“Sun City: A Hilariously Addictive Story of Rebellion,” by Matthew Minson, opens with Yarborough’s arrival at Sun City. His dismay at losing his farm is compounded when he learns he cannot even put in a vegetable garden. The community board has banned them.

Most of Sun City’s residents resent the board. It is made up of retired flag officers, appointed by the developers. The board enjoys throwing their weight around committing petty tyrannies.  The residents cannot replace the board because the corporate bylaws allow the corporation to appoint the board until 97 percent of the properties are sold. The Corporation plans to expand Sun City before that happens. Nor can residents sell without incurring a big loss. Buyers prefer new properties.

Madness and the Mirror Universe


My reflection is better-looking than me.  Not only that, but I’m also pretty sure his bathroom is bigger than mine. These things vex me to no end.

One day I mentioned them to a science-nerd friend of mine while we were having lunch.  That was a mistake, as the comment sent my friend on a mission to educate me, and he began to issue, between his disgusting forkfuls of alfalfa sprouts dripping with some odd vinaigrette, an oral dissertation on light waves, photons, reflection, refraction, asymmetrical facial features, and blah, blah, blah.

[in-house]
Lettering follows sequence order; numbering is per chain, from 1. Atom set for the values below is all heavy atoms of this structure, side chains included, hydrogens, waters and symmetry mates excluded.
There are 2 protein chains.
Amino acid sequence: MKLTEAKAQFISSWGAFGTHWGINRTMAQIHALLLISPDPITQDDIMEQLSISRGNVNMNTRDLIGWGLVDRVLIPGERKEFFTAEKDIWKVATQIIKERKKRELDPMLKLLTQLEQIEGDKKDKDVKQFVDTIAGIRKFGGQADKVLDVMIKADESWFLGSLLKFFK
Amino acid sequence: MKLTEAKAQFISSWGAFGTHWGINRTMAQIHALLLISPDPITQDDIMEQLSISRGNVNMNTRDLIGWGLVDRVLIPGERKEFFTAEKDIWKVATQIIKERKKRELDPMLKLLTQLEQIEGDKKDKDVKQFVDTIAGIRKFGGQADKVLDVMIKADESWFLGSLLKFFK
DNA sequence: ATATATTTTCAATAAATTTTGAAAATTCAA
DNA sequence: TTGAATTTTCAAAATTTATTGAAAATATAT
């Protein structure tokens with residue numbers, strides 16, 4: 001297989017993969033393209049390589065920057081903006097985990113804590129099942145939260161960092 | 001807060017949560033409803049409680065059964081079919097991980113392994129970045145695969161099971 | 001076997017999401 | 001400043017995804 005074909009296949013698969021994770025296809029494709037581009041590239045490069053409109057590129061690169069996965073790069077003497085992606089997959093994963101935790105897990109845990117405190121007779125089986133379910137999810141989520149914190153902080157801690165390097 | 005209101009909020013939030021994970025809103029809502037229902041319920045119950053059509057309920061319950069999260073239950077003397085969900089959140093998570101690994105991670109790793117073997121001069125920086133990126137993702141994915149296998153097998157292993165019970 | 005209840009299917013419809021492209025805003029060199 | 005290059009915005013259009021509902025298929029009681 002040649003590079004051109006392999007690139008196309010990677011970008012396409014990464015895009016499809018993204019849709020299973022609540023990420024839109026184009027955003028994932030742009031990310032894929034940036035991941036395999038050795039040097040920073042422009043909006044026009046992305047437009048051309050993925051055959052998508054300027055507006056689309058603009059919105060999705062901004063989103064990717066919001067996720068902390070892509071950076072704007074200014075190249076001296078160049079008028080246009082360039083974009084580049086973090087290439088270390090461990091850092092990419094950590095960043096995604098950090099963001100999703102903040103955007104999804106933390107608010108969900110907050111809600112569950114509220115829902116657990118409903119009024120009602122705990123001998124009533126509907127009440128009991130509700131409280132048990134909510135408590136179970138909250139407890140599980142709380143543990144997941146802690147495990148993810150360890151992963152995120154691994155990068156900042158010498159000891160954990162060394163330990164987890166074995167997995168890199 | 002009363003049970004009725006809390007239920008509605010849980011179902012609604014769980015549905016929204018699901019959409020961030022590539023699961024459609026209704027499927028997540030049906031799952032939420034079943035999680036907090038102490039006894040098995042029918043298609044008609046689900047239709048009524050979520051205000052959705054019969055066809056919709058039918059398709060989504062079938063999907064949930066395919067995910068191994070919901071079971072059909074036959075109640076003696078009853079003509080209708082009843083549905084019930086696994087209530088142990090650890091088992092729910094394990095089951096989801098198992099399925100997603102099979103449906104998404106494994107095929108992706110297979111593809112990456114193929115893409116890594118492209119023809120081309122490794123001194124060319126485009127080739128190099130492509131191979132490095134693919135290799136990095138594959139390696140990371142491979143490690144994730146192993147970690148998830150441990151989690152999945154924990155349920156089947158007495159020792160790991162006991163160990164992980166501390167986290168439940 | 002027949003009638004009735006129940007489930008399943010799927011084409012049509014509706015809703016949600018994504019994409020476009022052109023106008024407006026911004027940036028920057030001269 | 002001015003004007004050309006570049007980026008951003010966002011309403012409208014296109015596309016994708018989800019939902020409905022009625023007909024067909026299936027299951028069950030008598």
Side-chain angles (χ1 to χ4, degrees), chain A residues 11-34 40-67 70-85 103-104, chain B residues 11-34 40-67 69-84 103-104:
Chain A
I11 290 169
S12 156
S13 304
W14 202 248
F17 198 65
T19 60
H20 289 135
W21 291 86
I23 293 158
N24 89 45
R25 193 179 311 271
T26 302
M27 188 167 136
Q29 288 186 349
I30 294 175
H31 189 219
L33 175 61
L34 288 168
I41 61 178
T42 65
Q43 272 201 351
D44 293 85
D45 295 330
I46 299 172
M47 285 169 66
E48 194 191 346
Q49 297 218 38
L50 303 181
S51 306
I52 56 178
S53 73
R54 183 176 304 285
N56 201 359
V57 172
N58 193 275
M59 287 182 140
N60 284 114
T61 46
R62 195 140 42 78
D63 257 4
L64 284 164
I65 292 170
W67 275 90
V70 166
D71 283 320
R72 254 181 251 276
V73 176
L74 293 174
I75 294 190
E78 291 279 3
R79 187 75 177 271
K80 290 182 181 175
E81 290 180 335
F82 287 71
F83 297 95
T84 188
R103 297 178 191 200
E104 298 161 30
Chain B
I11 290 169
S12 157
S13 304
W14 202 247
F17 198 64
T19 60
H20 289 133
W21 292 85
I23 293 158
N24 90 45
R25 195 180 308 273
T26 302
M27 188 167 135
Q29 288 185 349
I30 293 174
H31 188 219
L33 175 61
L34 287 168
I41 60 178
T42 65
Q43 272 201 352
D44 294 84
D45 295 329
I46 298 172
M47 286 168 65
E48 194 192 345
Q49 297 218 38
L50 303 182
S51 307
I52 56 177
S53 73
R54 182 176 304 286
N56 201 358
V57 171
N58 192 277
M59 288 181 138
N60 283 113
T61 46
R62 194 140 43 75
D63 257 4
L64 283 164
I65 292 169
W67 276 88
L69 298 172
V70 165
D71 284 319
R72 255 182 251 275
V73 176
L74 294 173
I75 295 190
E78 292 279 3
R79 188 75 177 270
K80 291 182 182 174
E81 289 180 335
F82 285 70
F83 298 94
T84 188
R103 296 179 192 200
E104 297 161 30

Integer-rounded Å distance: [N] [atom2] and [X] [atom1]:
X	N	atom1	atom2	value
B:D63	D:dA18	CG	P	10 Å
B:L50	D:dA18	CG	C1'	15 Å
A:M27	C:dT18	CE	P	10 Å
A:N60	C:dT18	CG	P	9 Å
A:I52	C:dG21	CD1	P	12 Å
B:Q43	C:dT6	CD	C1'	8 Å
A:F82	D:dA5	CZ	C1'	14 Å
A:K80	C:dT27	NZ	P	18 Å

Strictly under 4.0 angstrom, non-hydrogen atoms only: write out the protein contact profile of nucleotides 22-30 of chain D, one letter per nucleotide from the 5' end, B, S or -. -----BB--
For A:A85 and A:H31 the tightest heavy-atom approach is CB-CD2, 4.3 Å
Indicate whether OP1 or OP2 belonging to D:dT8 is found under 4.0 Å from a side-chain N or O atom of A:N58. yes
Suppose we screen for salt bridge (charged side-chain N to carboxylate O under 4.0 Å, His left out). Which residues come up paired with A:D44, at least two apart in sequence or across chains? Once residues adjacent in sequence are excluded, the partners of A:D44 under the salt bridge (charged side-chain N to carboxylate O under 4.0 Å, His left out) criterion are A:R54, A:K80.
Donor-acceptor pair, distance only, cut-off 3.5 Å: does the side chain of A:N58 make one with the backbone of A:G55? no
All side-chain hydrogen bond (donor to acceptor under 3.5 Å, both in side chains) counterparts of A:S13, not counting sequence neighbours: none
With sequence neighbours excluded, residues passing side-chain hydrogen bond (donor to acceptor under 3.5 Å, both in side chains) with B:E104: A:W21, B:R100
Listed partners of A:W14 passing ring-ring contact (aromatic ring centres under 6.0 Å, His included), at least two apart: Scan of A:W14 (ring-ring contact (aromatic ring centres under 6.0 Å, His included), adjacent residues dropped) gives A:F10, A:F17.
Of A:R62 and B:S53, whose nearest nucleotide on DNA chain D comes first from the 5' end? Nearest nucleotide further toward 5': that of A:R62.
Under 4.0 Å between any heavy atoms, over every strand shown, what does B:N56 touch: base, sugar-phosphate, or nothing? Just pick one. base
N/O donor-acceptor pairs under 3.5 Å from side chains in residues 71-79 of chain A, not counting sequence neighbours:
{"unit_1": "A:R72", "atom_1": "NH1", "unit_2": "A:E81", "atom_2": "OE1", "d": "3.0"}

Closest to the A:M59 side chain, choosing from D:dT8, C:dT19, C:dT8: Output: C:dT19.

Quote of the Day: Truth and Fiction


“Truth is stranger than fiction, but it is because Fiction is obliged to stick to possibilities; Truth isn’t.” — Pudd’nhead Wilson’s New Calendar, Mark Twain

Ain’t it the truth. All you have to do is look at the news today. If in 1960 someone had written a science fiction novel about the 2020s with even half the things that are going on today his editors would have laughed at the draft when they encountered it on the slush pile. The world would lock down for a respiratory virus with a 1% fatality rate? Get outta here!  That will never happen. The FBI would be colluding with a major political party and the New York Times to subvert justice? That’s wacko conspiracy theory territory. Big Brother would not come from the government but rather from public sector technology companies? That idea’s kinda out there, isn’t it?

Simulation, Revelation


The surest way to appreciate a work is to try to recreate it.

Toddlers help us to appreciate the difficulty of drawing or painting by their laughable scribbling. One might first pity the child’s lack of eye-hand coordination, lack of patience, or lack of barest attention to detail (“Is it an airplane? Oh, a cat! Of course, it is. It looks great!”). But few adults can sketch anything worthy of pride either. The more we advance in skill, the more we recognize the full challenge.